On 12th January, I arrived in Changi Aiport with 13.5kg of my belongings on my back, without a return flight or a plan, other than a few nice days in Singapore with my friend Isabelle, and taking it from there.
About 4 months before this, I sat with my boss in the sunshine outside a coffee shop in London and told her I was leaving my job. I said that I was going to go travelling, that I was going on my own, and that I didn’t know where or for how long. Instead of telling me I was mad, she told me how excited she was for me and it was absolutely the right thing to do. This was a similar reaction to the one I’d gotten from each of my family members and close friends as I told them about my intention to leave my job and flat and go vaguely into the world. As a 30 year old about to jack in your job and pension and spend the money you’ve been saving up for the sensible half of your 20s on a long holiday instead of a flat, this kind of support is much needed!
I spent the following few months tying up loose ends in London and saying goodbye to the people and places I’d built my life around for the last 8 years. My intention was not just to go on a extended trip, but also to return to Ireland afterwards. I’ll go into this more another time, but it had become clear to me this past year that my chapter in London was coming to a close, and the draw towards home felt stronger than ever.
It took a fairly serious attempt to find a flat to buy in London in January 2016 to make me realise that it was the opposite of what I wanted and wasn’t going to fix any of the things that weren’t working for me in London. Soon after, I decided to put my savings and efforts towards what would make me happy – paving a new path for myself in the world, one that would lead me to places I’d never seen and eventually, home.
I knew that Singapore would be a good jumping off point for me. I’d been there before a couple of times, and it’s a place I associate with good friends and happy memories. My friends Isabelle and Tim have been living there since 2012, and since my last visit two and half years ago had been joined by indoor golfer extraordinaire and all round good guy, Alexander (aged almost 2 years at time of writing).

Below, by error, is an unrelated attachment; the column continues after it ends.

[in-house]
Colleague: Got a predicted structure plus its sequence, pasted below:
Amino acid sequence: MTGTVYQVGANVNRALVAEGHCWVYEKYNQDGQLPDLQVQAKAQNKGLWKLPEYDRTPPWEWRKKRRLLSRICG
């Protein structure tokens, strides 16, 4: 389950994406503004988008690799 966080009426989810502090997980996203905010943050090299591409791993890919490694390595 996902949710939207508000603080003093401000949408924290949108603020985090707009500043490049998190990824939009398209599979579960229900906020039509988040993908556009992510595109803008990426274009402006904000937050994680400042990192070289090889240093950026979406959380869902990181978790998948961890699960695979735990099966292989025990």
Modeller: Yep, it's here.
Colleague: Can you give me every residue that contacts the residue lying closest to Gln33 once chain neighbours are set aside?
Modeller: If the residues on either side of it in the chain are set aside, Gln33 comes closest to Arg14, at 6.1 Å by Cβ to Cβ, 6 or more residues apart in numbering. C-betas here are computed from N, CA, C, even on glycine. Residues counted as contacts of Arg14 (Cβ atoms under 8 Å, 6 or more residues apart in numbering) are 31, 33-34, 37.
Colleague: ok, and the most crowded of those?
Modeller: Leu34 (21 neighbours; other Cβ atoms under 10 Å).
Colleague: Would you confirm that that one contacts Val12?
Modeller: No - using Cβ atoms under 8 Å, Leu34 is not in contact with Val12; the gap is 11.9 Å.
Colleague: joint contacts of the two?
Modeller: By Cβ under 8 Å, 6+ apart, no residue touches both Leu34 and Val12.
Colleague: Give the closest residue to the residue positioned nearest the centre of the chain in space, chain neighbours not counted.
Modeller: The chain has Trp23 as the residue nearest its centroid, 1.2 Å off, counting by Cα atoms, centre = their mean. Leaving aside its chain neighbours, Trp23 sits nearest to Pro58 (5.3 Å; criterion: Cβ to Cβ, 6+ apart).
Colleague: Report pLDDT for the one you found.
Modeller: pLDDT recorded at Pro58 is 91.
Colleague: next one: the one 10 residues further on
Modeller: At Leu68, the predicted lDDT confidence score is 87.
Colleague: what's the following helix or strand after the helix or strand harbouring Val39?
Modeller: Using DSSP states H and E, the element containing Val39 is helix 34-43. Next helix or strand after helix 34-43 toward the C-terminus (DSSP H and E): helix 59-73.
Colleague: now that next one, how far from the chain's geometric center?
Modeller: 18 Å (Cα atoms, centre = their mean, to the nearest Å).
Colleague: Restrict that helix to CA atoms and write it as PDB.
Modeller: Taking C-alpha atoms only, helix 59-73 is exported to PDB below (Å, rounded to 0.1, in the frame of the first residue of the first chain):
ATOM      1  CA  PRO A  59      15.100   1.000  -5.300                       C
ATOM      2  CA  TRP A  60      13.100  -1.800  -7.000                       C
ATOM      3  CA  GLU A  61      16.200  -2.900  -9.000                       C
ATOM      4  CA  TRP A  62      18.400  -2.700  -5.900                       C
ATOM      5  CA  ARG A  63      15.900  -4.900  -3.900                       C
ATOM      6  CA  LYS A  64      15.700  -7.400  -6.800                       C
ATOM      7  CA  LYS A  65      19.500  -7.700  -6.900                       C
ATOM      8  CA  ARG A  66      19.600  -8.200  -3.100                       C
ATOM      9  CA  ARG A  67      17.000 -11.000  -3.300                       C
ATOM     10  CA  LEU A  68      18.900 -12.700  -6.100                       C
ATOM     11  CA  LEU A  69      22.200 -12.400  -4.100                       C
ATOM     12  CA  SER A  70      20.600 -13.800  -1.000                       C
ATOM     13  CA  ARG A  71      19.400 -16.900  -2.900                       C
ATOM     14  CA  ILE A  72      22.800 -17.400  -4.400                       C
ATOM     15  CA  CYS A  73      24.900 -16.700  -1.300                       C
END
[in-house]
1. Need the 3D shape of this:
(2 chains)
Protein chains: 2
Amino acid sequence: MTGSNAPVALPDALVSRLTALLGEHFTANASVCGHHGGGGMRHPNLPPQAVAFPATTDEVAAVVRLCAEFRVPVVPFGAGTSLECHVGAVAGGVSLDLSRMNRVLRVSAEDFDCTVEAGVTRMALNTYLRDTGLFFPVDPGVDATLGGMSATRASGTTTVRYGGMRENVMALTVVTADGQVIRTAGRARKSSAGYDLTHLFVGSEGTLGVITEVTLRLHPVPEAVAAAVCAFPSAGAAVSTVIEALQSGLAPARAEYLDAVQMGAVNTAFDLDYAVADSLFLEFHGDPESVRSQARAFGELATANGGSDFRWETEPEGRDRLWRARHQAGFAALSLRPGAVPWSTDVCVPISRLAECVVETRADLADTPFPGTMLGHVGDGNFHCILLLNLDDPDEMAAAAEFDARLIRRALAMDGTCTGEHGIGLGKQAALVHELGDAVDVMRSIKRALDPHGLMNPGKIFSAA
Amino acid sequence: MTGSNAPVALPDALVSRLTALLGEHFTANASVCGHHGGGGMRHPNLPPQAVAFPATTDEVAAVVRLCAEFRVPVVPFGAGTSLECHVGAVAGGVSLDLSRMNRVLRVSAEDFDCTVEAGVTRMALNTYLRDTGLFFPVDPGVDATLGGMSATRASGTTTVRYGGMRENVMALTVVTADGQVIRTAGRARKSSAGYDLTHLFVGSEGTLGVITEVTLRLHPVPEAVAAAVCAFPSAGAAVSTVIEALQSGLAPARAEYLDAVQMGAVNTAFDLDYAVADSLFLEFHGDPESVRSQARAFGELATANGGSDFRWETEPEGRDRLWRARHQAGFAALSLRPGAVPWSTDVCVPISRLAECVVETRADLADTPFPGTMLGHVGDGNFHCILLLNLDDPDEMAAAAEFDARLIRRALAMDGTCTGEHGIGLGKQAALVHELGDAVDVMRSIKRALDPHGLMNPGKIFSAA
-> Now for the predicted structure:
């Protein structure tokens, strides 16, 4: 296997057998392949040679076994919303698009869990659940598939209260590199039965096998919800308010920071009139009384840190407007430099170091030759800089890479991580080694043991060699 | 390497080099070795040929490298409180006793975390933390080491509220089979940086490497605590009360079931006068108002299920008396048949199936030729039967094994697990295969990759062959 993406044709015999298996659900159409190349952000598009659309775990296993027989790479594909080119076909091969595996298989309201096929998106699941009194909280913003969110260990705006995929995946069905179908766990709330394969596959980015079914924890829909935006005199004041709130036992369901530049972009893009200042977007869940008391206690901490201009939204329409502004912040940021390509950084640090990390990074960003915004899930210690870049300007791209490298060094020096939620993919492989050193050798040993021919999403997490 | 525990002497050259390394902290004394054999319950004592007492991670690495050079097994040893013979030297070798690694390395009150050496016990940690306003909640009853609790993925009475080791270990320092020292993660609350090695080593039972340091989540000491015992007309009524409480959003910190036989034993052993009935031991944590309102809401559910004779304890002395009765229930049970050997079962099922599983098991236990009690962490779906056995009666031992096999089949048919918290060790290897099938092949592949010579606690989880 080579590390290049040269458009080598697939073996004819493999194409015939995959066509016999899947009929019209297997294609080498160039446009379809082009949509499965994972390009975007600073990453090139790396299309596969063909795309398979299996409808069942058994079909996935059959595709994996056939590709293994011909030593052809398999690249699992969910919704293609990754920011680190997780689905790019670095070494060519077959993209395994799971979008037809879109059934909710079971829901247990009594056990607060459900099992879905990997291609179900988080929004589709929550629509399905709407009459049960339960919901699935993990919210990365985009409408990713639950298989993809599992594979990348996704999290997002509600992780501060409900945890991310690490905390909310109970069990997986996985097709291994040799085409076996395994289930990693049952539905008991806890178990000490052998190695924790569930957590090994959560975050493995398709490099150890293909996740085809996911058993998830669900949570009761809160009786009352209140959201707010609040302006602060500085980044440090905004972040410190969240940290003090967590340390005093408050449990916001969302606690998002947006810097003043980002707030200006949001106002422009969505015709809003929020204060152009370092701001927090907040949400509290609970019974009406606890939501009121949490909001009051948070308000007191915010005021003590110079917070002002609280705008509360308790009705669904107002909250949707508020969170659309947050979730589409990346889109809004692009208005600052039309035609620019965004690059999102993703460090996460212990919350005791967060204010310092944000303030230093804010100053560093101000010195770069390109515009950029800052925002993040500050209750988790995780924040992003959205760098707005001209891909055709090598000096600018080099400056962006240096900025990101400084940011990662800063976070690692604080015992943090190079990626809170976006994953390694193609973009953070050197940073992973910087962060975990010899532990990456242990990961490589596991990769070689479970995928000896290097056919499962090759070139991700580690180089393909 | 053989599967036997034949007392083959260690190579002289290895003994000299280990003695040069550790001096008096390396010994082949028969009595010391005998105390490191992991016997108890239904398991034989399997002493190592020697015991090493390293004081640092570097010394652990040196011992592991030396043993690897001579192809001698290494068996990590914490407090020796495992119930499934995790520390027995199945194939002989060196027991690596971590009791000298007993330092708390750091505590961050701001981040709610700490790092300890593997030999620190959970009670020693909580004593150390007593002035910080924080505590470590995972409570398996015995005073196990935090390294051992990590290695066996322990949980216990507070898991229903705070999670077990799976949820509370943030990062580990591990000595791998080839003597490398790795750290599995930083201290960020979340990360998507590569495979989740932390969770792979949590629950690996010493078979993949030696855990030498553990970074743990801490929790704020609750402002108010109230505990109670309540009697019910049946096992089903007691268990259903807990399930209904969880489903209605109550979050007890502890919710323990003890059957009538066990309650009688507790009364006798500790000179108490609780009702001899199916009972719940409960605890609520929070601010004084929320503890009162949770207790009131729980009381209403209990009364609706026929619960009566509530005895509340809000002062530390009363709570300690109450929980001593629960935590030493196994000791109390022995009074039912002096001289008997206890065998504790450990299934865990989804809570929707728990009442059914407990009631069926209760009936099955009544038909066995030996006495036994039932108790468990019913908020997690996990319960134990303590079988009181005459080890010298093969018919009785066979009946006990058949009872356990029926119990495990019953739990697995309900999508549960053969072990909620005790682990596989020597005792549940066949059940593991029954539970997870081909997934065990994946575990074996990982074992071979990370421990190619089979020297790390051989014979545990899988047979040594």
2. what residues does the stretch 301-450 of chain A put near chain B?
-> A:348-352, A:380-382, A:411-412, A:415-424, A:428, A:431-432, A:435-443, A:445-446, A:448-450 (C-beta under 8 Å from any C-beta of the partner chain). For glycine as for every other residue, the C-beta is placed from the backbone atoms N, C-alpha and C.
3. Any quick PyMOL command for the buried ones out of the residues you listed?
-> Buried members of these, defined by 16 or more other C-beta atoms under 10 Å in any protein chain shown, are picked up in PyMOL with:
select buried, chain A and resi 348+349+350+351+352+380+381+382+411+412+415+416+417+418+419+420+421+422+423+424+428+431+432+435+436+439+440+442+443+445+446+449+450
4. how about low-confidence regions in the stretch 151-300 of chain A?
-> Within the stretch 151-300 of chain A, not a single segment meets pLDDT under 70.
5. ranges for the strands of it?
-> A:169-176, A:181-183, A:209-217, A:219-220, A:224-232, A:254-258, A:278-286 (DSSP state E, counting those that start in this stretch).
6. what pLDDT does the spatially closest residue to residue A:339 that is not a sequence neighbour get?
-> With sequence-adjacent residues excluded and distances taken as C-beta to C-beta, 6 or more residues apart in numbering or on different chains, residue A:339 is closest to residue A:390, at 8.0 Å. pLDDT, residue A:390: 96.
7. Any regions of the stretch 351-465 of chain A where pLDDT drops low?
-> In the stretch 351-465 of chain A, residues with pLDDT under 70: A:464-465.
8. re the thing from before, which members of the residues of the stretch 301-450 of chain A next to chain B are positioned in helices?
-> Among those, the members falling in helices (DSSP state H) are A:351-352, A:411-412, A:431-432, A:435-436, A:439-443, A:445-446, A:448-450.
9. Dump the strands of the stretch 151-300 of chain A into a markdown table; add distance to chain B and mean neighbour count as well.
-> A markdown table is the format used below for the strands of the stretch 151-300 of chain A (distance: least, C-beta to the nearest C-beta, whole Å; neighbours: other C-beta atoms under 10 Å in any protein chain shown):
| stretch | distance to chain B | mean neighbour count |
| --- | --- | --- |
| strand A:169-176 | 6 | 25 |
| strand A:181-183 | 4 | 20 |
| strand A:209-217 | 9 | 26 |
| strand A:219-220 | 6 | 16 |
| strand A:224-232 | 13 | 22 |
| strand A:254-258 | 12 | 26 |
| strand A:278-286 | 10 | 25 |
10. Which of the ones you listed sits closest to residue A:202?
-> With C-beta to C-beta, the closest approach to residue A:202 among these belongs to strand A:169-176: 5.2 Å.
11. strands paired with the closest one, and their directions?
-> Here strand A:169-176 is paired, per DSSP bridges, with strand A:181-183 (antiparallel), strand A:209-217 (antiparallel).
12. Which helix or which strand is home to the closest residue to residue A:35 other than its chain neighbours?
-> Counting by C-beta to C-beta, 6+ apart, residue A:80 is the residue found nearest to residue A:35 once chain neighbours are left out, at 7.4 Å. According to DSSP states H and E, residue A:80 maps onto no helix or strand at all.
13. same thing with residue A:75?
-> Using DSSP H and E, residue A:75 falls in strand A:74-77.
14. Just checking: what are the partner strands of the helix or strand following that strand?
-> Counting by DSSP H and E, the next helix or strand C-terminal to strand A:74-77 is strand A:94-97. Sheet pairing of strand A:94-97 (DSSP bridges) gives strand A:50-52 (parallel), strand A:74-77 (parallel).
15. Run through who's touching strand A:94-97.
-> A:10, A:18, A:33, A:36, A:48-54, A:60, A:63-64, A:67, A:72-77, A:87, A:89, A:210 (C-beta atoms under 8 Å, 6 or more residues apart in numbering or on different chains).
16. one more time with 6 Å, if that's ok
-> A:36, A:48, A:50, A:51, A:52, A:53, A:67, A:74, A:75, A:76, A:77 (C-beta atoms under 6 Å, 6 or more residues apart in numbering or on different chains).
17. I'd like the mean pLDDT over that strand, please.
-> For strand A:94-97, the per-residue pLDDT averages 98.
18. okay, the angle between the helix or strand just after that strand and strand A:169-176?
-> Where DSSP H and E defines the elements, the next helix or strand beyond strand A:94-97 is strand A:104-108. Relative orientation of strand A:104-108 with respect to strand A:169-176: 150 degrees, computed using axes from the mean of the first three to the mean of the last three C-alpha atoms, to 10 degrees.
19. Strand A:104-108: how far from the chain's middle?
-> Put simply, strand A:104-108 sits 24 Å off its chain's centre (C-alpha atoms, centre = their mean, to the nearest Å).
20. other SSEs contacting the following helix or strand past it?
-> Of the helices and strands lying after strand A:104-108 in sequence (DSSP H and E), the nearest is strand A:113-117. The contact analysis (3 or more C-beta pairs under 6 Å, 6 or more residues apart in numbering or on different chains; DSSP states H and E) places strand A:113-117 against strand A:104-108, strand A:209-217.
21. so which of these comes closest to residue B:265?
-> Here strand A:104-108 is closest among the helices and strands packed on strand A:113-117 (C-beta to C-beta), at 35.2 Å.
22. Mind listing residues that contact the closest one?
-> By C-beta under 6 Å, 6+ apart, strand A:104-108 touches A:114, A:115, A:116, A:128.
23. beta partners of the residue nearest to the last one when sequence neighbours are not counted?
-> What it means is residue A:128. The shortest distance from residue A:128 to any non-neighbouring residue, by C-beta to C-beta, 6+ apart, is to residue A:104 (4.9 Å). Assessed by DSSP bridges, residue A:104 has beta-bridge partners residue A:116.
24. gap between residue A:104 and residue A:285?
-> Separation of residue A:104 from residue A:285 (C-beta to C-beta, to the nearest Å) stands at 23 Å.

Although I was very excited about the idea of heading off on my solo adventures in Asia, I was also nervous and apprehensive: What if I got lonely? What if I didn’t meet anyone? What if I got lost, or robbed? What if I hated it? Of course all these thoughts were drowned out by the excitement, but the little voice of doubt occasionally crept in, which is why I decided to begin the journey with friends, in a place I knew and felt comfortable in.
Anyone who has ever spent time in Singapore will know that it’s as far removed from the backpacker experience in the rest of Southeast Asia as you can get. It’s a unique city and definitely one of contrasts. You’ve got the intense heat and humidity of an Asian city one degree north of the equator, with the slick buildings and transport system of a major financial centre. The skyline is a mix of towering skyscrapers and lush foliage. You can splash out at the stylish bars and restaurants of Marina Bay and Clarke Quay, or keep it local at the bustling hawker centres and markets of Chinatown and Little India.
On this particular visit, I didn’t have anything touristy on my to do list. I was here for a few days of catching up with my friend, and we happily passed the time with chats over coffee, walks by the river and swimming in the condo pool (sometimes in the torrential afternoon rain). I was enjoying comfort and luxury compared to what I knew I would be experiencing for the foreseeable future on my travels through Asia.
When it came time to leave Singapore to catch a 6 hour bus to Kuala Lumpur, I was feeling a bit emotional saying goodbye to Isabelle and, for the first time, what I was about to do felt real. I was not just leaving my friend, I was letting go of the last comfortable connection to home for some time. As I confessed my mixed emotions of excitement and mild anxiety, Isabelle reassured me that this was normal and that if I ever needed anything while I travelled in Asia, they would be there.
It was at that moment I was reminded just how fortunate I am. While I felt like I was striking out alone, I had the support of my friends and family and the knowledge that if I ever needed or wanted to get home or cut the journey short, I had options. In other words, I checked my privilege.
I continued checking it an hour later when I was sitting on the street on my backpack in the 32 degree midday sun, waiting for the 11am bus to Kuala Lumpur.